This is last week’s episode. Apologies for the delay in the review’s arrival.

Cast

James Callis as Dr. Gaius Baltar
Edward James Olmos as Admiral Adama
Mary McDonnell as Laura Roslin
Jamie Bamber as Lee “Apollo” Adama
Michael Hogan as Col. Tigh
Tricia Helfer as Number 6
Grace Park as Sharon “Athena” Agathon/Boomer
Tahmoh Penikett as Helo
Aaron Douglas as Galen Tyrol
Kandyse McClure as Anastasia “Dee” Dualla
Alessandro Juliani as Felix Gaeta
Rekha Sharma as Tory Foster
Michael Trucco as Samuel T. Anders
Callum Keith Rennie as Leoben Conoy

Synopsis

Tensions run increasingly high on the Demetrius as they find a heavily damaged Cylon heavy raider with a Leoben on board, and their deadline for returning to the fleet draws nearer. On Galactica, Baltar attempts to make peace with Tyrol.

High Points

  • “They have thought about it.”

Low Points

  • One starts to wonder if Tory and Baltar ever talk when they aren’t lying in the post-coital glow.
  • Has everybody on the Demetrius really and truly forgotten that Athena is also a Cylon? Has Athena buried all that in her determination to be what Boomer wanted to be? I would have expected Leoben’s appearance to cause some cracks, but it didn’t. Maybe it’s just a sign of the feasibility of cooperation with the Cylons.

The Scores

Originality: There’s nothing surprising about a mad, possibly inspired Captain suffering a mutiny by a crew who don’t share that vision. Fortunately it doesn’t feel like a well-trodden road. Even when using classic story elements, Galactica makes everything seem new and interesting. Five out of six.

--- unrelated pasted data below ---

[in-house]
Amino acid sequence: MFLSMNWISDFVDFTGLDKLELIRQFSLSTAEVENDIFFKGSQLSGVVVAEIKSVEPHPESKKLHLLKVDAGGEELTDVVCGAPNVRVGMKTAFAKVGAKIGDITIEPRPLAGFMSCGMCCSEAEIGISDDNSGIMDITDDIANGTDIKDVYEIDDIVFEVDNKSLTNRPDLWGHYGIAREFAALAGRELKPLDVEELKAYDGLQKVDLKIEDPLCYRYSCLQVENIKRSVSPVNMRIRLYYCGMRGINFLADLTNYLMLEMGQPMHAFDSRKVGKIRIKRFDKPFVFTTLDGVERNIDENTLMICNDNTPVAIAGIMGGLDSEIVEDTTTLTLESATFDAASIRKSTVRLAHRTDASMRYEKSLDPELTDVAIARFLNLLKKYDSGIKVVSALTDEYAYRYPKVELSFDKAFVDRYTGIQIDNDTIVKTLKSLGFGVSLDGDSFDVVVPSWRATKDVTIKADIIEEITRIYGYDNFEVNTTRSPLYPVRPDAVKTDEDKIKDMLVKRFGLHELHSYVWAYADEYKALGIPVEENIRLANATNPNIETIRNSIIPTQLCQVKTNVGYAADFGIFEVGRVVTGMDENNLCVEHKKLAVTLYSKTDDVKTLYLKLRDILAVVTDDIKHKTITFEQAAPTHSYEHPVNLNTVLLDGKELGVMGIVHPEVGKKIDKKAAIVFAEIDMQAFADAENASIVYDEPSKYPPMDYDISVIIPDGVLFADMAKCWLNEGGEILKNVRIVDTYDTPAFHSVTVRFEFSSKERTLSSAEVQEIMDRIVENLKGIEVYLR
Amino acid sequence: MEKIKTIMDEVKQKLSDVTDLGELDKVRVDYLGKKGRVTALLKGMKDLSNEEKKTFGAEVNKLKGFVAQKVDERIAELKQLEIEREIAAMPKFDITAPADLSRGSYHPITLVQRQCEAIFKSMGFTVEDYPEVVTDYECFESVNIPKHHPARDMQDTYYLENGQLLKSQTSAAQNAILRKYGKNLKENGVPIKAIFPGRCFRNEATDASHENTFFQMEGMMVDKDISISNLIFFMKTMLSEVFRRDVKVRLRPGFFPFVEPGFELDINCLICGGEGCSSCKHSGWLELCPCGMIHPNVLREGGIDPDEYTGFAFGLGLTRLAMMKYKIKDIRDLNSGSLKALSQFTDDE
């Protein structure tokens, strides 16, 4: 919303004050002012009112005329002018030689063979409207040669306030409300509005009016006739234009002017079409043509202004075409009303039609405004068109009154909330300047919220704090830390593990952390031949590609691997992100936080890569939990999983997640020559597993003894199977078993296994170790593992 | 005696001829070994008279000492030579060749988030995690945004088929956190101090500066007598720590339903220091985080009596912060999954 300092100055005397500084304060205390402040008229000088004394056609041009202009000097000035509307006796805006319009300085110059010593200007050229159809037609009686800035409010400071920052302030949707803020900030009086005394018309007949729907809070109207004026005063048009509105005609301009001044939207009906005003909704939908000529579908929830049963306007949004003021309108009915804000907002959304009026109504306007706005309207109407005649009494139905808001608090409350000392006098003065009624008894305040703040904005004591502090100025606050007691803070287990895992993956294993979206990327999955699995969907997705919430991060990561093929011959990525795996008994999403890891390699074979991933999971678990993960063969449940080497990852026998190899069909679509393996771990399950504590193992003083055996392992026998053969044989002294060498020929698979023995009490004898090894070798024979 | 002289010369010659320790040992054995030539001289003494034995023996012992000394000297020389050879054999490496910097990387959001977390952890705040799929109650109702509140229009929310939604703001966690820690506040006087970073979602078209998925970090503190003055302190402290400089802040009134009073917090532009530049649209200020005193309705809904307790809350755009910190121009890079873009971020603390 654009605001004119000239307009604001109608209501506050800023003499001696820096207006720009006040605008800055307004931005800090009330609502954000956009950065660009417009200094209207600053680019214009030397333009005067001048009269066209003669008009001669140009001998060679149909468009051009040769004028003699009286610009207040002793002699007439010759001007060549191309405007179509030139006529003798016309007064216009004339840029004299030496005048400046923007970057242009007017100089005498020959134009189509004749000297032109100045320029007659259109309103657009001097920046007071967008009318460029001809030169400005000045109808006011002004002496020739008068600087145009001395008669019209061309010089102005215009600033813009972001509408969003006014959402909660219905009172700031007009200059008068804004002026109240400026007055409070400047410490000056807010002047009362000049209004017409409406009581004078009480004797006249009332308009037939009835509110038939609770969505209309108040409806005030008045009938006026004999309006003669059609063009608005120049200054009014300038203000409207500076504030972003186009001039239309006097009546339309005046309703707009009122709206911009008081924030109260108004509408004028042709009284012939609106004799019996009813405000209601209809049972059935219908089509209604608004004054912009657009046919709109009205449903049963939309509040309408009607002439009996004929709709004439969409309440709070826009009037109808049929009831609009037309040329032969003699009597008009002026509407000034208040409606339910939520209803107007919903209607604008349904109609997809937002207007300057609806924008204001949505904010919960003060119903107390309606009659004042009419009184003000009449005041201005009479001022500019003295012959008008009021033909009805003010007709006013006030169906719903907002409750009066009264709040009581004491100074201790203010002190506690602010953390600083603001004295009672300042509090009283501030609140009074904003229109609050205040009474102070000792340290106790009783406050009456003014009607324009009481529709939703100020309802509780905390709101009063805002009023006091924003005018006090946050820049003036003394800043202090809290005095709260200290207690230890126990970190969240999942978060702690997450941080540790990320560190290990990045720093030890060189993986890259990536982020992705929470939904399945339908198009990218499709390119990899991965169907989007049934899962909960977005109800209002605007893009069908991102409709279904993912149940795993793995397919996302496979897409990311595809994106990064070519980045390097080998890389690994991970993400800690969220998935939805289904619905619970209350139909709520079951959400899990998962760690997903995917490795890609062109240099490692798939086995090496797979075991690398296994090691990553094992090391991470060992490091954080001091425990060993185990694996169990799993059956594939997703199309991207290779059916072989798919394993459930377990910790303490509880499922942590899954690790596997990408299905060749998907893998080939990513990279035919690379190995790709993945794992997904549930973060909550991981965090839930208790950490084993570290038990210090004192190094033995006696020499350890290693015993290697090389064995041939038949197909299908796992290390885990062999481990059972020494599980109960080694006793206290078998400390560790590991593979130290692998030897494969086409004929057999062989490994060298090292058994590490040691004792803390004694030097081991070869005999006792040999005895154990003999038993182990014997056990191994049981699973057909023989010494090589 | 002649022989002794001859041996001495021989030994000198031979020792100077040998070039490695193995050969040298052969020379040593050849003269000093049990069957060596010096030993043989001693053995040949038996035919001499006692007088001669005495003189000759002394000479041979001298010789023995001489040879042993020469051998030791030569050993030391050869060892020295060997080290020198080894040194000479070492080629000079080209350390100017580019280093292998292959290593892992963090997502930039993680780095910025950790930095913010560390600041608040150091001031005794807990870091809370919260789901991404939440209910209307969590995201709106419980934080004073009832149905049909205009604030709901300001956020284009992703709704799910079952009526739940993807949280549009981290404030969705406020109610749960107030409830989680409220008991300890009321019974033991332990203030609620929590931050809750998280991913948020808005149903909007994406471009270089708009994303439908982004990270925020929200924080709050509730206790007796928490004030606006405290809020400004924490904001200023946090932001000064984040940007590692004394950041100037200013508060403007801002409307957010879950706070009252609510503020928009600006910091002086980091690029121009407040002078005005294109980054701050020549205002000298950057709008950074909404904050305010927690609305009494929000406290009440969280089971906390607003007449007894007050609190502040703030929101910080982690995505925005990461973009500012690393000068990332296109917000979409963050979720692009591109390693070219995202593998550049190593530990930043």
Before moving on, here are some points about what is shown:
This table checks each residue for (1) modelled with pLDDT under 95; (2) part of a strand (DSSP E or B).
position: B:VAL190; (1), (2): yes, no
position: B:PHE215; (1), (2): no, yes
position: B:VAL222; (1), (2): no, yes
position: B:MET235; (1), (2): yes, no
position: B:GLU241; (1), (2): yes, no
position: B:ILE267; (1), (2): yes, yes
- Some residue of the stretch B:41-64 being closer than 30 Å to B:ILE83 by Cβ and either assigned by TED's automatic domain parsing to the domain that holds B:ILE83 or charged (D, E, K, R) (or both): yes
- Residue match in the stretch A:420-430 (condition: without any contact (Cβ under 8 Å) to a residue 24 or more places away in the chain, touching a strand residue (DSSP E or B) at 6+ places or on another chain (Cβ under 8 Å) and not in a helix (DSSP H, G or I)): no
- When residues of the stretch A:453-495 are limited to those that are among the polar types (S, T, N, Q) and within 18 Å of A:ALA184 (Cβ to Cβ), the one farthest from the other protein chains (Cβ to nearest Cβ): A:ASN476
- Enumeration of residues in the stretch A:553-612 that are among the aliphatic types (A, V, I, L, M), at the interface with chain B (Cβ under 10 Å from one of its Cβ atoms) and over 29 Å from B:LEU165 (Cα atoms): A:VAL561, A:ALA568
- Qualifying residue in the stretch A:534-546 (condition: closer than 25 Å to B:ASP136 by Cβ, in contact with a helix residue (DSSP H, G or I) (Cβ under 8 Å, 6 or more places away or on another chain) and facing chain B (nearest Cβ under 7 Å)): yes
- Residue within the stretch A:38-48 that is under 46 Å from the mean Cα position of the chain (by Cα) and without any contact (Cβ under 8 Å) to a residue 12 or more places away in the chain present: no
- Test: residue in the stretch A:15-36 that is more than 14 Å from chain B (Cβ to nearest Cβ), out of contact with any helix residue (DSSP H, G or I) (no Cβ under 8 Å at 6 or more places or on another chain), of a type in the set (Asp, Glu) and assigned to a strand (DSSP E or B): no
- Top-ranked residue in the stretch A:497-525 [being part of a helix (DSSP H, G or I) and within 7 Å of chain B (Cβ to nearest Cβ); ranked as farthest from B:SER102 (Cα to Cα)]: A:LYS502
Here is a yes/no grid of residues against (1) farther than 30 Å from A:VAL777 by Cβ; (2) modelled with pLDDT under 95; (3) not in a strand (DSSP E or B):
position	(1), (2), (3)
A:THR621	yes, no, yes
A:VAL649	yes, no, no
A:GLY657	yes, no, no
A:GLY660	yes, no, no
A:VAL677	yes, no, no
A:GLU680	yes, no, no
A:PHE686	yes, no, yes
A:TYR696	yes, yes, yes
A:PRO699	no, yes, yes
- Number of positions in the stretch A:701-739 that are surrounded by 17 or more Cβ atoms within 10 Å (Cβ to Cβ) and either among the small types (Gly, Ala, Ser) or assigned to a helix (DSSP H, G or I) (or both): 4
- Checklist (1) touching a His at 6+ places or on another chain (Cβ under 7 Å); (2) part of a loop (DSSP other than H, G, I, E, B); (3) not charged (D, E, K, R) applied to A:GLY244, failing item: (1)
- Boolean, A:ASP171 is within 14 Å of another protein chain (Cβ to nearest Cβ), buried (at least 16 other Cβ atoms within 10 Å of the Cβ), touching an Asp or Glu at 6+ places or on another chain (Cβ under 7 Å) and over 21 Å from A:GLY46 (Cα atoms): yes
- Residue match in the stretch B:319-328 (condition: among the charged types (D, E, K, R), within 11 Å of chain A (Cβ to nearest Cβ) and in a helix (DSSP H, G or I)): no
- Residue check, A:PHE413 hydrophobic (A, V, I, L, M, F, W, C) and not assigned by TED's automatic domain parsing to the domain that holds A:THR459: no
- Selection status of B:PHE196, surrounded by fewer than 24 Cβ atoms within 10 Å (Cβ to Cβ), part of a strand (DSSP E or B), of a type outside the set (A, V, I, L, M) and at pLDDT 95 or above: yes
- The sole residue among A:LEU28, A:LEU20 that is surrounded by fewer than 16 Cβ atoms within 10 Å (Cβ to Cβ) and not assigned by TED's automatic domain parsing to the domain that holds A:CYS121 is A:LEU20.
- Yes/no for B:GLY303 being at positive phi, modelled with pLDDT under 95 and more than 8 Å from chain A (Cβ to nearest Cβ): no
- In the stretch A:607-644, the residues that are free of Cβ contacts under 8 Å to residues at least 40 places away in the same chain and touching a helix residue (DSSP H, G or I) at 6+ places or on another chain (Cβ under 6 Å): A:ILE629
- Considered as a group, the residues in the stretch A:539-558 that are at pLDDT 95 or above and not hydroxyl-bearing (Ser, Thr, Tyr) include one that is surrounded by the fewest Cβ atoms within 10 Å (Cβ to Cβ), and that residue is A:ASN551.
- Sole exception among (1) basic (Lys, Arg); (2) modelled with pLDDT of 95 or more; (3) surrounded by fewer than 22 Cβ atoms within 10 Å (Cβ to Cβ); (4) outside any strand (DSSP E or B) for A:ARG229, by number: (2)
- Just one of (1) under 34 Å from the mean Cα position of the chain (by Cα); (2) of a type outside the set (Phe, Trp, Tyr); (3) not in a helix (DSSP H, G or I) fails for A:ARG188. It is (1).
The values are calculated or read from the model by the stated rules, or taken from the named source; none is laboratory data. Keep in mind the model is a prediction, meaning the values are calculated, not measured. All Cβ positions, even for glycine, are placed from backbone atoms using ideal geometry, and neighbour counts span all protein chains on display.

Effects: Explosions, some blood and injuries… not much in the way of effects this week, but they’re done well. Five out of six.

Story: Old hints and suggestions are starting to pay off now. On New Caprica the Cylons tried (rather badly) to work with humans. Now some of them are being forced to, and it feels like we might see the fruits of that soon. It’s becoming increasingly clear that the answer to the situation could well be in true human/Cylon cooperation. That’s likely to cause a lot of fireworks though. The cliffhanger at the end of the episode is placed in the expected spot, but it’s better to have it and then use next week’s time to tell the story properly. Five out of six.

Acting: Katee Sackhoff was for me the standout star of this episode. She is so believably Starbuck, holding a fairly tenuous grip on her sanity, but underneath still the ace pilot and Colonial officer she was a year ago. Six out of six.

Production: Would you want to live on the Demetrius? No wonder the crew are getting edgy. The creaking and groaning it makes and the set design differentiate it hugely from the relative comfort of the Galactica. We don’t see much of the life of the rest of the fleet these days, and this reminds us how a lot of the others live, as well as giving an obviously different setting for Starbuck’s crew to get angsty. Five out of six.

Emotional response: Five out of six.

Overall: Six out of six.

The Road Less Travelled receives a grand total of thirty-seven out of forty-two.